04. September 2014 · Comments Off on In memory of our Father and the cyclone that is Am · Categories: life stories

Submitted By: justine wilson
In memory of our Father and the cyclone that is Amyloidosis On 12 March 2005 at 10.30 pm Pacific Standard Time, Neil Laurence Wilson left us while in the arms of his loving mother, Pearl in Victoria, British Columbia.

He passed with storybook beauty, saying his last goodbyes with his final breath in peace. Although he had been complaining about heart and weakness issues, the suspicion of the disease was suspected Christmas Eve 2004, confirmed a few days later. Primary Amyloidosis AL with cardiac and liver involvement.

I guess if there is anything positive to say about Amyloidosis is, that for our father, he did not experience much pain. Only discomfort caused by the symptoms and side affects like severe weight loss, which attributed to total body weakness, loss of appetite due to food tasting awful (extremely salty), poor ability to breathe.

While he did accept his fate without anger, but he did express his frustration with the medical community. He always said, I just know there is something wrong and why won’t there people listen to me. Previous to his diagnosis and a year and a half of various doctors tests and having Professional medical care telling him “sir, you are just getting old”, just made him give up in the end. He could have tried harder to combat the Amyloidosis and get his body into a better state to allow treatment options.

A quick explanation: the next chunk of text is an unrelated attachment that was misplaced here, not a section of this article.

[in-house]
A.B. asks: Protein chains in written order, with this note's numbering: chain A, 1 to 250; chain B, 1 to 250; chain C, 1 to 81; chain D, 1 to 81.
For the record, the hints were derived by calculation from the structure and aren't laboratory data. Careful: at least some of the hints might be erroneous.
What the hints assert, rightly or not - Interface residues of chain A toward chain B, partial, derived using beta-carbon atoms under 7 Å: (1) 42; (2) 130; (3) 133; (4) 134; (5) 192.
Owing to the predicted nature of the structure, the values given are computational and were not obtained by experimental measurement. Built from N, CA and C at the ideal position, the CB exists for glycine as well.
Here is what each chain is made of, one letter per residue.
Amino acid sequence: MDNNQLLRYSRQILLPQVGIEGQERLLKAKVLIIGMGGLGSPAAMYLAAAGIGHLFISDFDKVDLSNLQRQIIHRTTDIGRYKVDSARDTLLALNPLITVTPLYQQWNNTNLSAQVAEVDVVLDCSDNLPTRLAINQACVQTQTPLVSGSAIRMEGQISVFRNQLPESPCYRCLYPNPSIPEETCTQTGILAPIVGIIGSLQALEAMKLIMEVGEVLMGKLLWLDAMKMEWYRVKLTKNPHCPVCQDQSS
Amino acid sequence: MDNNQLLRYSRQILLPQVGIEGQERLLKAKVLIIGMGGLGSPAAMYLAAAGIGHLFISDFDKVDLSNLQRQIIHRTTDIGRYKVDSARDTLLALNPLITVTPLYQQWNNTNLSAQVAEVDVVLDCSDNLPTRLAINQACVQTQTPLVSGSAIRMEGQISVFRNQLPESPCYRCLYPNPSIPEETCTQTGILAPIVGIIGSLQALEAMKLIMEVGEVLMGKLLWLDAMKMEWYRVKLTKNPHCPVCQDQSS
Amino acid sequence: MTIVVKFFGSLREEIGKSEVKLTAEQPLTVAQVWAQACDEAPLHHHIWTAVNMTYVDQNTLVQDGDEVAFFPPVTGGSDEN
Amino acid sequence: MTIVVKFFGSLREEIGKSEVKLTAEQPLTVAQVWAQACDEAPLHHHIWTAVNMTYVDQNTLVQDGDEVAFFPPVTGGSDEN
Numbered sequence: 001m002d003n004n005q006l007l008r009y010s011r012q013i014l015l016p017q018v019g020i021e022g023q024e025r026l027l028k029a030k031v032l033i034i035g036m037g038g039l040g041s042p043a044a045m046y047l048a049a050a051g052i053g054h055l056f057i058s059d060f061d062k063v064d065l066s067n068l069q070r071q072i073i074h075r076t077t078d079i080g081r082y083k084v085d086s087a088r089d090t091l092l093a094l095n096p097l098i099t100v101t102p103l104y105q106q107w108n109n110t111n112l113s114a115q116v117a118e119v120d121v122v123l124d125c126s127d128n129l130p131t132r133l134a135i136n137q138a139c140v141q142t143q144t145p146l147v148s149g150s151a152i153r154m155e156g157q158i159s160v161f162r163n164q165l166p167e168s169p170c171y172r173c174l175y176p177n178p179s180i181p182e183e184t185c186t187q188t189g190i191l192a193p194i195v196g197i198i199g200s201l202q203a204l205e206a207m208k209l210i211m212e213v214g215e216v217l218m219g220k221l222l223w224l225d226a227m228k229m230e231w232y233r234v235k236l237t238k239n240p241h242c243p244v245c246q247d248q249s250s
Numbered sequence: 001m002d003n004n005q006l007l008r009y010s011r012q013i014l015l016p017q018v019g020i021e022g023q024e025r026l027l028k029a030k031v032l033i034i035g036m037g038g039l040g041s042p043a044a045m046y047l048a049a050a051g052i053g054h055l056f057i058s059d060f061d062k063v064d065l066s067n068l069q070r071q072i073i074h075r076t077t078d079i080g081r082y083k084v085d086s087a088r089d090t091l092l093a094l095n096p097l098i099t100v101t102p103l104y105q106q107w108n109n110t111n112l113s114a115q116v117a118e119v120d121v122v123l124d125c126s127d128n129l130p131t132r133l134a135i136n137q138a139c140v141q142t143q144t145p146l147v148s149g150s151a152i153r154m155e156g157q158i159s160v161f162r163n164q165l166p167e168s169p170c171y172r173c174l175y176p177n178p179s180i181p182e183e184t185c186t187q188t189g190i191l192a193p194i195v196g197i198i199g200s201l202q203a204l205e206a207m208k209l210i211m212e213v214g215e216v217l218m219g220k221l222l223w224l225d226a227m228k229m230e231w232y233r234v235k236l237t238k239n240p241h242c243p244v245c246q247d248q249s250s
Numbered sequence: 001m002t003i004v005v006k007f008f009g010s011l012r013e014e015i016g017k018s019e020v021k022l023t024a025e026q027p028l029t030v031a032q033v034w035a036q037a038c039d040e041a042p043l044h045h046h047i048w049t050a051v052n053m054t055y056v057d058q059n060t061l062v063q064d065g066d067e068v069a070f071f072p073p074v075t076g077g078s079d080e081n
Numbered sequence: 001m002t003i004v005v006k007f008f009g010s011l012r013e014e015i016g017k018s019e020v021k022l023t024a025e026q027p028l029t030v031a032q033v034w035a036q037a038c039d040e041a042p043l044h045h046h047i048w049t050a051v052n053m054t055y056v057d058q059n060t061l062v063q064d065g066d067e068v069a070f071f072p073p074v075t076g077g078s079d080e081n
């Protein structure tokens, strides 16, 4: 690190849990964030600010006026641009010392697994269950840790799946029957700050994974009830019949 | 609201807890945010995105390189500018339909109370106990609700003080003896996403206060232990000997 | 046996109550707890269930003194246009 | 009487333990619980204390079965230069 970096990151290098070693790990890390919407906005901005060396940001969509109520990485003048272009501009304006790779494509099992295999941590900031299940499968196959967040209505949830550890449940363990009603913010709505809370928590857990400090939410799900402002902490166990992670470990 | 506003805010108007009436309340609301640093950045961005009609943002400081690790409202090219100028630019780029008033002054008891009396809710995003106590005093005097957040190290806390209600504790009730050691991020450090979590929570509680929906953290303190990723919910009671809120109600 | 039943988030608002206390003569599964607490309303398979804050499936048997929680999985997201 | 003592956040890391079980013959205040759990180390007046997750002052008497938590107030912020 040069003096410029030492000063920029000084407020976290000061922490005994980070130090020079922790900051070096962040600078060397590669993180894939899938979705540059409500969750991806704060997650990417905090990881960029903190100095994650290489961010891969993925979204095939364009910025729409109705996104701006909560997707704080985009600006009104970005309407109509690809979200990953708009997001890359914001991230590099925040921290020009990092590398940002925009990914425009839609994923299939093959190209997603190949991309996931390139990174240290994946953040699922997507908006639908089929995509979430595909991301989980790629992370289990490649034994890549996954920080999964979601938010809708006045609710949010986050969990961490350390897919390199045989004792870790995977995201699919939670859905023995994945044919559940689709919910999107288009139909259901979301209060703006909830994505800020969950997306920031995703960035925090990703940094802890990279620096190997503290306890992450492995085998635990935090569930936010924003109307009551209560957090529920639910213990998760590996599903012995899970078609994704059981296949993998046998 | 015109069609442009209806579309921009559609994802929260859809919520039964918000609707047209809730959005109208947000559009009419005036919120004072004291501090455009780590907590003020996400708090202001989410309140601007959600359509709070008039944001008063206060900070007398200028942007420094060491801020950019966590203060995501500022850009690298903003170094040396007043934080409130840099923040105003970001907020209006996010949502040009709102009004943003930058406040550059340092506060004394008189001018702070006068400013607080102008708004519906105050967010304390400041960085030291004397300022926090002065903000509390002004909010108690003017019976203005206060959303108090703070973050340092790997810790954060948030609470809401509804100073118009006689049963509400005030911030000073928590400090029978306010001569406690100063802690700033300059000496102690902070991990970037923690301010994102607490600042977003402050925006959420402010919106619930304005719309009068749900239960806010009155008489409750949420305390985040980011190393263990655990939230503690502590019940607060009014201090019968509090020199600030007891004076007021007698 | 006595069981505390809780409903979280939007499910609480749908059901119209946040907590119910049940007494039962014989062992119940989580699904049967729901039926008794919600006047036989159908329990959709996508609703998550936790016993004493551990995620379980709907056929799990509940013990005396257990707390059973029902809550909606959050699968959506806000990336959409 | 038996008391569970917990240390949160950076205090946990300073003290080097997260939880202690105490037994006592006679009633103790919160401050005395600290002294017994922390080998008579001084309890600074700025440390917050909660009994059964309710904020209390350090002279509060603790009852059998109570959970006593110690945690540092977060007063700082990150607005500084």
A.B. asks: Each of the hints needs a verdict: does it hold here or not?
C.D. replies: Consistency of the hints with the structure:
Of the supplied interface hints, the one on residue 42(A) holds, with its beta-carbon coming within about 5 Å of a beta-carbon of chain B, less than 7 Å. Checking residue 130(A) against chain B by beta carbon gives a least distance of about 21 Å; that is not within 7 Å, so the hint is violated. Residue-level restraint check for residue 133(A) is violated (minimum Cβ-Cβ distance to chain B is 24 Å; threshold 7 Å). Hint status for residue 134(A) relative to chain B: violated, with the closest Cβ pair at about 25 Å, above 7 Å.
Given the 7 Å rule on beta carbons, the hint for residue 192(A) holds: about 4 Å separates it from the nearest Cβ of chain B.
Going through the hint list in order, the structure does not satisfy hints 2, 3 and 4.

However, he was not strong enough of mind for the fight and in the end chose to let go. I respect his decision and who am I to demand him to sustain himself longer, when it is a plain fact his prognosis was extremely dire and fatal. My father enjoyed his last years as a healthy person who loved living near the Toronto beaches. He enjoyed rollerblading along the boardwalk and people watching.

You would often see him sitting in the sun on a Sunday afternoon, building sand castles on the beach. Although he loved all sports, his favorite was football, and had an absolute passion for golf. I loved his enthusiastic stories about the joy & torment that little white ball would give him. My father was even taking Latin dance lesions, to impress the ladies. He was always willing to try something new, if he knew it would better him as a person.